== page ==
The Affordable Care Act
As advocates who follow in the footsteps of earlier generations to fight for good causes, Friday’s decision on the Affordable Care Act by the 11th Circuit Court of Appeals feels familiar. Most major pieces of social legislation have been challenged in the courts, including the Social Security Act in the 1930s and the Civil Rights Act of 1964. Today, those laws are part of the fabric of American society. I’m confident the Affordable Care Act will be as well.
And while the court struck down part of the Affordable Care Act, buried in the more than 300 pages of opinions are some important positive developments.
The 11th Circuit struck down the individual responsibility provision by a 2-1 vote, finding it to be beyond Congress’s authority under the Constitution’s commerce clause. As a practical matter, this ruling has no immediate impact. In June, the Sixth Circuit Court of Appeals reached the opposite conclusion and upheld the individual responsibility provision. On the scoreboard, we’re tied, 1-1.
Basically, this all just means that what we have assumed all along is true-it will ultimately be up to the Supreme Court to resolve the issue. And most constitutional experts continue to believe that if the high court follows existing precedents, it will uphold the law.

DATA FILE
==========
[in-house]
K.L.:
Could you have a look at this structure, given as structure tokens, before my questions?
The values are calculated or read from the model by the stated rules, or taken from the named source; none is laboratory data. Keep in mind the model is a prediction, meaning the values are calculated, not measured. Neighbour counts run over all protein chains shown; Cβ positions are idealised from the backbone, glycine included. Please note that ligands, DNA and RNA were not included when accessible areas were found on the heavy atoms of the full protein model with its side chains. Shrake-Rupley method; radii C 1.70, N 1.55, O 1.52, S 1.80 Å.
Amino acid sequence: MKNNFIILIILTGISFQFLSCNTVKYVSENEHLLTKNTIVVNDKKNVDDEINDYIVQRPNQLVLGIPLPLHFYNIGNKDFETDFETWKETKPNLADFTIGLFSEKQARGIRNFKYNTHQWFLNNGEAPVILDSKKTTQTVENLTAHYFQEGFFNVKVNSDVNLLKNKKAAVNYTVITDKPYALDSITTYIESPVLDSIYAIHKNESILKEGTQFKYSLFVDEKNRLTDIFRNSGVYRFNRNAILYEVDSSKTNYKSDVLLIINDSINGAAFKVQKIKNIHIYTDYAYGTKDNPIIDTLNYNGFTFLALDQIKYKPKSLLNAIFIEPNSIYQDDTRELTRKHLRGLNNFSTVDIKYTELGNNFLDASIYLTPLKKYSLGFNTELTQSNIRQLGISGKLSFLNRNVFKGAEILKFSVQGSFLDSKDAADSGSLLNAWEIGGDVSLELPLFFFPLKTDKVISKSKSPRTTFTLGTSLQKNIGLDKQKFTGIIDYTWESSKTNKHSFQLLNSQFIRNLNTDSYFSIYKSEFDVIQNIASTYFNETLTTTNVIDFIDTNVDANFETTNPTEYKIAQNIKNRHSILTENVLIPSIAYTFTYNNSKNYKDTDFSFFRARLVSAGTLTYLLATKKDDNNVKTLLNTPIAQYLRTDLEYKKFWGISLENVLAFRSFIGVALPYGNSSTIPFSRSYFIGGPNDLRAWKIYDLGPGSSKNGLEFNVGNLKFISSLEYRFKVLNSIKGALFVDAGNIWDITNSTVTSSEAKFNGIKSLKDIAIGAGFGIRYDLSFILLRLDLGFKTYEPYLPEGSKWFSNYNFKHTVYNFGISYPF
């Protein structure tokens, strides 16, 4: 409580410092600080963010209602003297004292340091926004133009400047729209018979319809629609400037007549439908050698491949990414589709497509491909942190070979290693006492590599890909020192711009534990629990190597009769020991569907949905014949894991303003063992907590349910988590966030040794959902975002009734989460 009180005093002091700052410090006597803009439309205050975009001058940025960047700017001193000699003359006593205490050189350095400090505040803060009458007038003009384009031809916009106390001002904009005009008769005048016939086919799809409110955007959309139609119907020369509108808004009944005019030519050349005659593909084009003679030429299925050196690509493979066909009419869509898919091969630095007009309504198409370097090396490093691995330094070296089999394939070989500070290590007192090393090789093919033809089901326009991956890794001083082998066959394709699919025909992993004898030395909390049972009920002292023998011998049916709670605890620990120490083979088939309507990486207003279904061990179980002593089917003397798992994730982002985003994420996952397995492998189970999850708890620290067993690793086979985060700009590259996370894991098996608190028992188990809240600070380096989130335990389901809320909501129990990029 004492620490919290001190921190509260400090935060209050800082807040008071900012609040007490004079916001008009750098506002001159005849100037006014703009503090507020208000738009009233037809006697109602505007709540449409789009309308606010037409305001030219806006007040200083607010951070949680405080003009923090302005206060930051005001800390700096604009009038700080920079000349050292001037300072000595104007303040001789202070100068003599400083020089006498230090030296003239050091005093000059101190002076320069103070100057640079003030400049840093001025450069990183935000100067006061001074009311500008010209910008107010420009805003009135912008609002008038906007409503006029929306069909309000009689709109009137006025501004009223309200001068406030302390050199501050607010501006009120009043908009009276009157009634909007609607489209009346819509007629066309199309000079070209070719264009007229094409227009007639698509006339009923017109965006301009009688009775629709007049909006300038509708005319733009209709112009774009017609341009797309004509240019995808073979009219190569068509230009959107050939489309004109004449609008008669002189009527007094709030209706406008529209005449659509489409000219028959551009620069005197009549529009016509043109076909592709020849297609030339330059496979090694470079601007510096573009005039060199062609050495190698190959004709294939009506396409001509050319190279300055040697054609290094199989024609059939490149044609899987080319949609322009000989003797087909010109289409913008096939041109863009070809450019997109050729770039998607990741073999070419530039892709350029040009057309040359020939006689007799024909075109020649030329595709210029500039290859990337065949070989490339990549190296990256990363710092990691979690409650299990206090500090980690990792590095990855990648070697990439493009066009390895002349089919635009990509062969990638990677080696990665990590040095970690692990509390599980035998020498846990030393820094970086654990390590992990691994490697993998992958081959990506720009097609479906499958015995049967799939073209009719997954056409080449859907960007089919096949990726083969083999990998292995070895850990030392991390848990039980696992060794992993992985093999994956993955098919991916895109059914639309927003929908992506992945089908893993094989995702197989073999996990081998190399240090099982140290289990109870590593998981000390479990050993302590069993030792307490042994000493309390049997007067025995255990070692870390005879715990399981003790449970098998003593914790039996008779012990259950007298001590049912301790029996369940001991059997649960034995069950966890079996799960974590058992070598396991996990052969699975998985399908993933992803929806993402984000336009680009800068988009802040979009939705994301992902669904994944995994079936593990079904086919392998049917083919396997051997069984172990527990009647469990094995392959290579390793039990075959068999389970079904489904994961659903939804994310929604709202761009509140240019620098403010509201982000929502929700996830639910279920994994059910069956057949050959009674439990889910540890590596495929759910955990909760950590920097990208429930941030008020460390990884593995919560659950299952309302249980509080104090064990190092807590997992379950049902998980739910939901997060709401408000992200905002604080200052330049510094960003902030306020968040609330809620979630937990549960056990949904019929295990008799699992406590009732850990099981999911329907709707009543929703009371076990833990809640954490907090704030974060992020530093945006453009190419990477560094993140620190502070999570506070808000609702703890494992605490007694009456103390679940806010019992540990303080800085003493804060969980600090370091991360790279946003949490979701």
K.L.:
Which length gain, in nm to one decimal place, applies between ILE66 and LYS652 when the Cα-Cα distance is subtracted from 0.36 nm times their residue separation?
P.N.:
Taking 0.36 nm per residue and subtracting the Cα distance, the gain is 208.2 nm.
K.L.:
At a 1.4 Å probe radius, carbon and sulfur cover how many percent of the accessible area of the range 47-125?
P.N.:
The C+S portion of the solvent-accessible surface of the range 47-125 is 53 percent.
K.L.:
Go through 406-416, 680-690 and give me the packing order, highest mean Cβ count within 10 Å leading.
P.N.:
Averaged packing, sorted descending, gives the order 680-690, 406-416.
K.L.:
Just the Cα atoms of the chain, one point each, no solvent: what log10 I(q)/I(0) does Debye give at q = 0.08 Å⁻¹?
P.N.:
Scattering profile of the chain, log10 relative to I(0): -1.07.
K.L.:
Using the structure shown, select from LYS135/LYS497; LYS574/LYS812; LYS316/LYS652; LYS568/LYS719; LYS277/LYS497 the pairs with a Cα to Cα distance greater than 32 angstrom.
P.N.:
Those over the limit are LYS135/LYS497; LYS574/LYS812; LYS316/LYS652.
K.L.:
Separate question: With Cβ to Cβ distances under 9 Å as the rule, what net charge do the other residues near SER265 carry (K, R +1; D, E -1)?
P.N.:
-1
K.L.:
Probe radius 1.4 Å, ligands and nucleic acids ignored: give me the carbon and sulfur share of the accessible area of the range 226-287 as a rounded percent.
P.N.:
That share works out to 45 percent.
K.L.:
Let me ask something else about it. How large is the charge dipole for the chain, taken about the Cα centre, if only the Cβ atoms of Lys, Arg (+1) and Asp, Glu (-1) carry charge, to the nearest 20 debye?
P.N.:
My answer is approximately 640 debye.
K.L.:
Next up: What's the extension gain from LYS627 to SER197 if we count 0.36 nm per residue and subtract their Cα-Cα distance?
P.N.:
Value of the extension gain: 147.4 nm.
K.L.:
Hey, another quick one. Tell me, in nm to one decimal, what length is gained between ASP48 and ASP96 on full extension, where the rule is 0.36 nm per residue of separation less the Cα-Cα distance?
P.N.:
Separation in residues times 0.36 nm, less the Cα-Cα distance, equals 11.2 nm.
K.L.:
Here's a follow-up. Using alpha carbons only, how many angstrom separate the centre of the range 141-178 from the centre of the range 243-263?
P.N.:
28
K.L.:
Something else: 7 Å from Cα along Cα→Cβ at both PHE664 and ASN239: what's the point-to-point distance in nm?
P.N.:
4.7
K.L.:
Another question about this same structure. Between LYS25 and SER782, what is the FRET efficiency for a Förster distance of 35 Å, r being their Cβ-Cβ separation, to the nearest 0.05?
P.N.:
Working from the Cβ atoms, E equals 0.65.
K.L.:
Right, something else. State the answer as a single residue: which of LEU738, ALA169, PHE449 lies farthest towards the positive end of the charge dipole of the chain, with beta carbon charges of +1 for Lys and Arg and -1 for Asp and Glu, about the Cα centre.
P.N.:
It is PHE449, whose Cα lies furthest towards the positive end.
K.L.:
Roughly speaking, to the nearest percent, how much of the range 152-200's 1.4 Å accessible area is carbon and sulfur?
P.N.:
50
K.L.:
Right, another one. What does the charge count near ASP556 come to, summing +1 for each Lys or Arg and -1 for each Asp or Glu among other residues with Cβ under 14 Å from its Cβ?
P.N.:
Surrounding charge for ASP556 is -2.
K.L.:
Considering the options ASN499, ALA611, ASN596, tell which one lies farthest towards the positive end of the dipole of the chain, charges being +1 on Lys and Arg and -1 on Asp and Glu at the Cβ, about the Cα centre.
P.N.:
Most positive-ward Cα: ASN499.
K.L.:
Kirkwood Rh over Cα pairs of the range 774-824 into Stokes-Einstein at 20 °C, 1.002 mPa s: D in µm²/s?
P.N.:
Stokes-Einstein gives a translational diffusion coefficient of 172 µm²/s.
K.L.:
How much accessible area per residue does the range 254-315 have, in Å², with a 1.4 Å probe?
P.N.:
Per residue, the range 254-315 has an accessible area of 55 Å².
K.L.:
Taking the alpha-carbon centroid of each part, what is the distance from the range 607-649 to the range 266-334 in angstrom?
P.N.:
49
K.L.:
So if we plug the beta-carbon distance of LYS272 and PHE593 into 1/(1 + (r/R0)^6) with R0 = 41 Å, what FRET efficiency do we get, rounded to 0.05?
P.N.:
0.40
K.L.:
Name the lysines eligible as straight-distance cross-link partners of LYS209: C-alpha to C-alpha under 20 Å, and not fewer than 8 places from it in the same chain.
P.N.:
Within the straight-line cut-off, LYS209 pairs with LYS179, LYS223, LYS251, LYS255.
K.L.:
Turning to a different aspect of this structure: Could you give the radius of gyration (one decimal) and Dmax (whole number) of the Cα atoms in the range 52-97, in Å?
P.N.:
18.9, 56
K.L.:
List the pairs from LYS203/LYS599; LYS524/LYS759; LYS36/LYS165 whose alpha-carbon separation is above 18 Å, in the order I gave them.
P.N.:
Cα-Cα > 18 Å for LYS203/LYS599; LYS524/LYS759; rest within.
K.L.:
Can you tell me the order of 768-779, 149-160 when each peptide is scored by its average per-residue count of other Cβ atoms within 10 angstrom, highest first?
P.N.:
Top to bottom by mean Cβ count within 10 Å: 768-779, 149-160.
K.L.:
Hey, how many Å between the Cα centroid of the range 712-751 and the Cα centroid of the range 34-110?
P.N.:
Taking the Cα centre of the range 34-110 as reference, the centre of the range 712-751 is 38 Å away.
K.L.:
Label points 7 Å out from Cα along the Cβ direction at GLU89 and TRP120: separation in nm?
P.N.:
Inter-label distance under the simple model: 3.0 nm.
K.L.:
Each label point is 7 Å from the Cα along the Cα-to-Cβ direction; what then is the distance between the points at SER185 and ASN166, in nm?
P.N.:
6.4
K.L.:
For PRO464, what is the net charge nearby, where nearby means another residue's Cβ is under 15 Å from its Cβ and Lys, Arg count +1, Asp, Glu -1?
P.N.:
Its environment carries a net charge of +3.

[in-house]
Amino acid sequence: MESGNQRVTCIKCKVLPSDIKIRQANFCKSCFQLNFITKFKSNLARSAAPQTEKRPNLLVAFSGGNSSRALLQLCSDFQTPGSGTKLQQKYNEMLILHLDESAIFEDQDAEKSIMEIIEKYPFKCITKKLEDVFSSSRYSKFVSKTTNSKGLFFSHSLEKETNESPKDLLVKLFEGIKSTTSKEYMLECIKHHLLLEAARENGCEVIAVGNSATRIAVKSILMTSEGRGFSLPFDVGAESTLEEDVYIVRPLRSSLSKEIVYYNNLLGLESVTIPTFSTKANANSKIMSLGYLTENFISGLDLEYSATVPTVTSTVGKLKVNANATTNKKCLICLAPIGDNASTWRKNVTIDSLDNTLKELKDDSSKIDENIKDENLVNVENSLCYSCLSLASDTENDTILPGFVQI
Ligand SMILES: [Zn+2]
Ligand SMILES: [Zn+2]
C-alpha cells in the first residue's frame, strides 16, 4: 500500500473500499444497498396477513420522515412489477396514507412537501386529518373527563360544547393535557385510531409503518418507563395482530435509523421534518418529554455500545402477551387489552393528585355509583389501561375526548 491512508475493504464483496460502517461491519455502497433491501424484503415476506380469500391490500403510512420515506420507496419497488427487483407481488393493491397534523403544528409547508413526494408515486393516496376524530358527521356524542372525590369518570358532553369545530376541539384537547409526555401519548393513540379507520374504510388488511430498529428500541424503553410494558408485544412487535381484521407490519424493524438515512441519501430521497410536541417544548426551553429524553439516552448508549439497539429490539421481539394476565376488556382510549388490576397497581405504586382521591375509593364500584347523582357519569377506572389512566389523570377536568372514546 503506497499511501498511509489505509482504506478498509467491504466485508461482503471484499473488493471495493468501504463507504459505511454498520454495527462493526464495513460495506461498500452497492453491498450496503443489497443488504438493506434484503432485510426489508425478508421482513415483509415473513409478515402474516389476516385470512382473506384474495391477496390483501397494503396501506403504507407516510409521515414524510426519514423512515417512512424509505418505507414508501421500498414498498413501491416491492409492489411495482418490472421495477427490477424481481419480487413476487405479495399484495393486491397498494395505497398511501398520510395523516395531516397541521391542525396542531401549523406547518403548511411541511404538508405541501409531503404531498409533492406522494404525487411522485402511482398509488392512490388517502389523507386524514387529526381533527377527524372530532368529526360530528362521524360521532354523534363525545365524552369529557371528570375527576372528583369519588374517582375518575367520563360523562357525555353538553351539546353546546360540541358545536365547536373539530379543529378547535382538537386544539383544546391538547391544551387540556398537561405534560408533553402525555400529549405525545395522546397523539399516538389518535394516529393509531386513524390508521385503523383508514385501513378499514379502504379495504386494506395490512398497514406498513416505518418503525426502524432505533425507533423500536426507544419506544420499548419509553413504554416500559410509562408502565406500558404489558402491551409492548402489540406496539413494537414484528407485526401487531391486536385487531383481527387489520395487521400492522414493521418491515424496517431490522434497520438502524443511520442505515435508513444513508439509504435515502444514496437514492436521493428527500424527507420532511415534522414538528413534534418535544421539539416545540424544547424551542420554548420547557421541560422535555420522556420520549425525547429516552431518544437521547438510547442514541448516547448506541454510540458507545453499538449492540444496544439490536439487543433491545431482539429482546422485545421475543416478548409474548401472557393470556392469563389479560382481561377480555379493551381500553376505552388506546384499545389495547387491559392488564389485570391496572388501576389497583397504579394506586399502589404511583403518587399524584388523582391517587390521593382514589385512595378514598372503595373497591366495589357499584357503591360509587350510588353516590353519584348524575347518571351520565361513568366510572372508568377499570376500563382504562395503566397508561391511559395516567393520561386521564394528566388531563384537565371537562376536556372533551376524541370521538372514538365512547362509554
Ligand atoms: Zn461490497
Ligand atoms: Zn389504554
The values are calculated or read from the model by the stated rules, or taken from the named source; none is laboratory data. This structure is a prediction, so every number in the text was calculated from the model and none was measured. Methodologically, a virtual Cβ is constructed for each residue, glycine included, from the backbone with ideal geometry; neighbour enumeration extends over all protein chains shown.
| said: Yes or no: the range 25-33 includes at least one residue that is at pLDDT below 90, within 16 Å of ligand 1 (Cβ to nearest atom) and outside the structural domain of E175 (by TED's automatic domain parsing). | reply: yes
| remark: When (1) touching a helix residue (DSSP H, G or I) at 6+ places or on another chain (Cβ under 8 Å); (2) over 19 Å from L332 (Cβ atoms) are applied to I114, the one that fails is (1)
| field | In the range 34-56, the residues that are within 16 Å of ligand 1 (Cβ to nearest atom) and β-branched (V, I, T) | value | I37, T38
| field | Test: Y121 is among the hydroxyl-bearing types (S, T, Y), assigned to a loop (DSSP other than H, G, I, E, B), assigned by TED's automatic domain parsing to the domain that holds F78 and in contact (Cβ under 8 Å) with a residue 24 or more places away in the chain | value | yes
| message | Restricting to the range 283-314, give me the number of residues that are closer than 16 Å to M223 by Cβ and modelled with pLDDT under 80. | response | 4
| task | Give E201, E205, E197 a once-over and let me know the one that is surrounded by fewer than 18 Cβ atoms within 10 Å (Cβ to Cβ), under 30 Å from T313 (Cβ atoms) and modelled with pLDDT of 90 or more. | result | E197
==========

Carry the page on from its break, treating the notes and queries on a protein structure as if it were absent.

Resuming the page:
But Friday’s decision is just as important for what it did not do. The appeals court refused to strike down the entire Affordable Care Act, as the lower court had done. Instead, it explicitly found that even if the individual responsibility provision fails, the rest of the law is not affected. The important work ahead, such as building state health care exchanges, planning for tax credits to make insurance affordable, and eliminating restrictions for everyone with pre-existing conditions, can continue uninterrupted.
On Medicaid, the news is doubly good. The 26 states that brought this case had challenged the Medicaid expansion as unconstitutionally “coercive” of the states-even though between 90 to 100 percent of the costs of that expansion are paid for by the federal government-and the court rejected their argument. Because this is the only case nationally in which the Medicaid claim is raised, there’s a reasonable chance that the Supreme Court will not even review the issue, and the Medicaid coverage that will make such a profound difference in the lives of people with low incomes will roll out in 2014 as scheduled.
Friday’s ruling is undoubtedly a disappointment for all of us who care about ensuring access to high-quality, affordable health care for all Americans. But amidst the Monday morning quarterbacking, we should not despair. This is just another round in a long process.
Ron Pollack, Executive Dir. Families USA www.familiesusa.org.